Destination Dining: Valley

Where the cool kids go for farm-fresh gourmet.

Foodies find their happy place in this small-town farm-to-fork spot that came to be when “a shaggy-haired chef from Florida’s Gulf Coast” fell in love with a country girl from Indiana. Blair and Cory Muro’s labor of love sits just off the town square in Valparaiso, a narrow dining room stocked with all the funky locavorian accoutrements: exposed brick, knotty wood floors, a decorative tree branch busting through the wall with a perched yellow finch, and a chalk-art pig-butchering diagram. Even the restrooms are marked “hens” and “roosters.” Young servers in jeans and country plaids bring out appetizer plates of tiny black-bean hummus tacos and melt-in-your-mouth pork-belly flatbread scattered with caramelized onions, roasted sweet tomatoes, and crispy-fat chunks of meat. Mains range from panko-crusted walleye resting on a Thai-style mound of sticky rice soaked in lemongrass–coconut milk broth to a local slab of ribeye, charred just so, on sliced discs of loaded twice-baked potato. Peek over the counter of the open kitchen at the back of the room, and you can watch the kitchen staff in their chef whites and baseball caps assemble the simple, delicious goods. Daily 4 p.m.–midnight. 55 Franklin St., Valparaiso, 219-531-8888,


While in Valparaiso, check out …

Valpo Velvet Shoppe: Ben and Jerry have nothing on this small pop-in that scoops around 60 flavors of ice cream, sherbet, and yogurt made from scratch on-site weekly. Blueberry cheesecake is always a hit, and seasonal treats include surprises like rhubarb and Licorice Lovers sundaes. 55 Monroe St., 219-464-4141,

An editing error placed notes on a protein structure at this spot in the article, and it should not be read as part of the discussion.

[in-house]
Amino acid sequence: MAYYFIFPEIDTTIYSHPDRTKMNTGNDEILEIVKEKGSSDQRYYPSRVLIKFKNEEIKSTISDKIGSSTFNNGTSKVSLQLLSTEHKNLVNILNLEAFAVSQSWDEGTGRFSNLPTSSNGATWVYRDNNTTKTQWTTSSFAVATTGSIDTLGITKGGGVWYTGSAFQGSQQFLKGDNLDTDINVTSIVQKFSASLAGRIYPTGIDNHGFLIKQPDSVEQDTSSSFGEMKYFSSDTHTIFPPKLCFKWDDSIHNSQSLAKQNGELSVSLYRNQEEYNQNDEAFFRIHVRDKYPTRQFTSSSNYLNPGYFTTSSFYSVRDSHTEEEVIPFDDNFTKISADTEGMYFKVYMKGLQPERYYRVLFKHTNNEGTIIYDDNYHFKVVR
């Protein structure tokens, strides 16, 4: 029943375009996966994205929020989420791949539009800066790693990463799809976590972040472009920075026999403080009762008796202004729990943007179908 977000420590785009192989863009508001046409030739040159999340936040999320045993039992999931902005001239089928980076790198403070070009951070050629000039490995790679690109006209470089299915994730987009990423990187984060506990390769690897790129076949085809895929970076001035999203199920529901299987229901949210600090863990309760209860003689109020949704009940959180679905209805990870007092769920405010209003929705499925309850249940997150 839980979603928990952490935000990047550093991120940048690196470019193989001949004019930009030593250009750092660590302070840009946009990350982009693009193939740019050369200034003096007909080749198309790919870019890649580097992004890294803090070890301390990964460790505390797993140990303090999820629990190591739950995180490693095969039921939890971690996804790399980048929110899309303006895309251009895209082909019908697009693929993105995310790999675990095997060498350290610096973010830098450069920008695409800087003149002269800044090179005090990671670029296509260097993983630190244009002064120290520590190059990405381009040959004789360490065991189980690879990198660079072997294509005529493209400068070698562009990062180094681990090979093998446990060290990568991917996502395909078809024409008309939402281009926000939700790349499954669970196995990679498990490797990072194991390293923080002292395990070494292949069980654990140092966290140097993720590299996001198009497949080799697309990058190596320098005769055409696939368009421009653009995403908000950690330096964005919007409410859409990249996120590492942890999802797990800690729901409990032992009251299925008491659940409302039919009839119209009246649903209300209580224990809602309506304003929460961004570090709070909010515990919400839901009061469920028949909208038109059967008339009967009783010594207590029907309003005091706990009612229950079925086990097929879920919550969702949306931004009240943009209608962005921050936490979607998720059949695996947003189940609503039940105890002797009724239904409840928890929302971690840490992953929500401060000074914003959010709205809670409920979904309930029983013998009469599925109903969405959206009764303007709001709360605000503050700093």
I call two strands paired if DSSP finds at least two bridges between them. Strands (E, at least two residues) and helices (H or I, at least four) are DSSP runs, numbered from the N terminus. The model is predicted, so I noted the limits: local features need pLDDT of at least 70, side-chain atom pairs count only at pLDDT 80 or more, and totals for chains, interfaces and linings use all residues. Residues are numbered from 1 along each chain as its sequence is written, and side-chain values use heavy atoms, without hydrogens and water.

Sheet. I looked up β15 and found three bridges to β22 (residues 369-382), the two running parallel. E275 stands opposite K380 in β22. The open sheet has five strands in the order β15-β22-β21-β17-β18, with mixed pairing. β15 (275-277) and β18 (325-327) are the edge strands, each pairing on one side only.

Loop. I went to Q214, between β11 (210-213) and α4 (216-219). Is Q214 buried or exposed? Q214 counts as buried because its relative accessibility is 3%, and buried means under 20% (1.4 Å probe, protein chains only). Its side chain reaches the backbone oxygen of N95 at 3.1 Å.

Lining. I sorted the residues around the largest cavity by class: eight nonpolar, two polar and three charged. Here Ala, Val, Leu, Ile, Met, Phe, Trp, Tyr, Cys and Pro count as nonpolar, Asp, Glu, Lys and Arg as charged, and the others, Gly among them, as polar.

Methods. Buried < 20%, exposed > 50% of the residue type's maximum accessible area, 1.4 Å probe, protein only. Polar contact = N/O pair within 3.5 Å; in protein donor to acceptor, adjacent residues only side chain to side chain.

Blackbird Cafe: The baristas pull every shot by hand at this cozy coffeehouse that also serves soups and sandwiches and bakes up fresh sweets daily (including some occasional surprises, like maple-bacon baklava and chocolate-banana scones with peanut-butter icing). 114 E.  Lincolnway St., 219-548-2811,

Strongbow Inn: Famous for its year-round Thanksgiving-style turkey dinners (as well as schnitzel and potpies), this iconic restaurant—on the site of a former turkey farm—has been a favorite since the 1930s, when it was a roadside sandwich stand. 2405 U.S. 30 E, 219-462-5121,

Designer Desserts: Oversized cupcakes, stuffed cookies (called Sugarbombs and Double Doozies here), and other forms of icing-stacked decadence are the order of the day at this darling bakery decked out in stripes and pinks. 56 W. Lincolnway St., 219-465-0008,

Photos by Tony Valainis

This article appeared in the October 2013 issue. See more Destination Dinner stories here.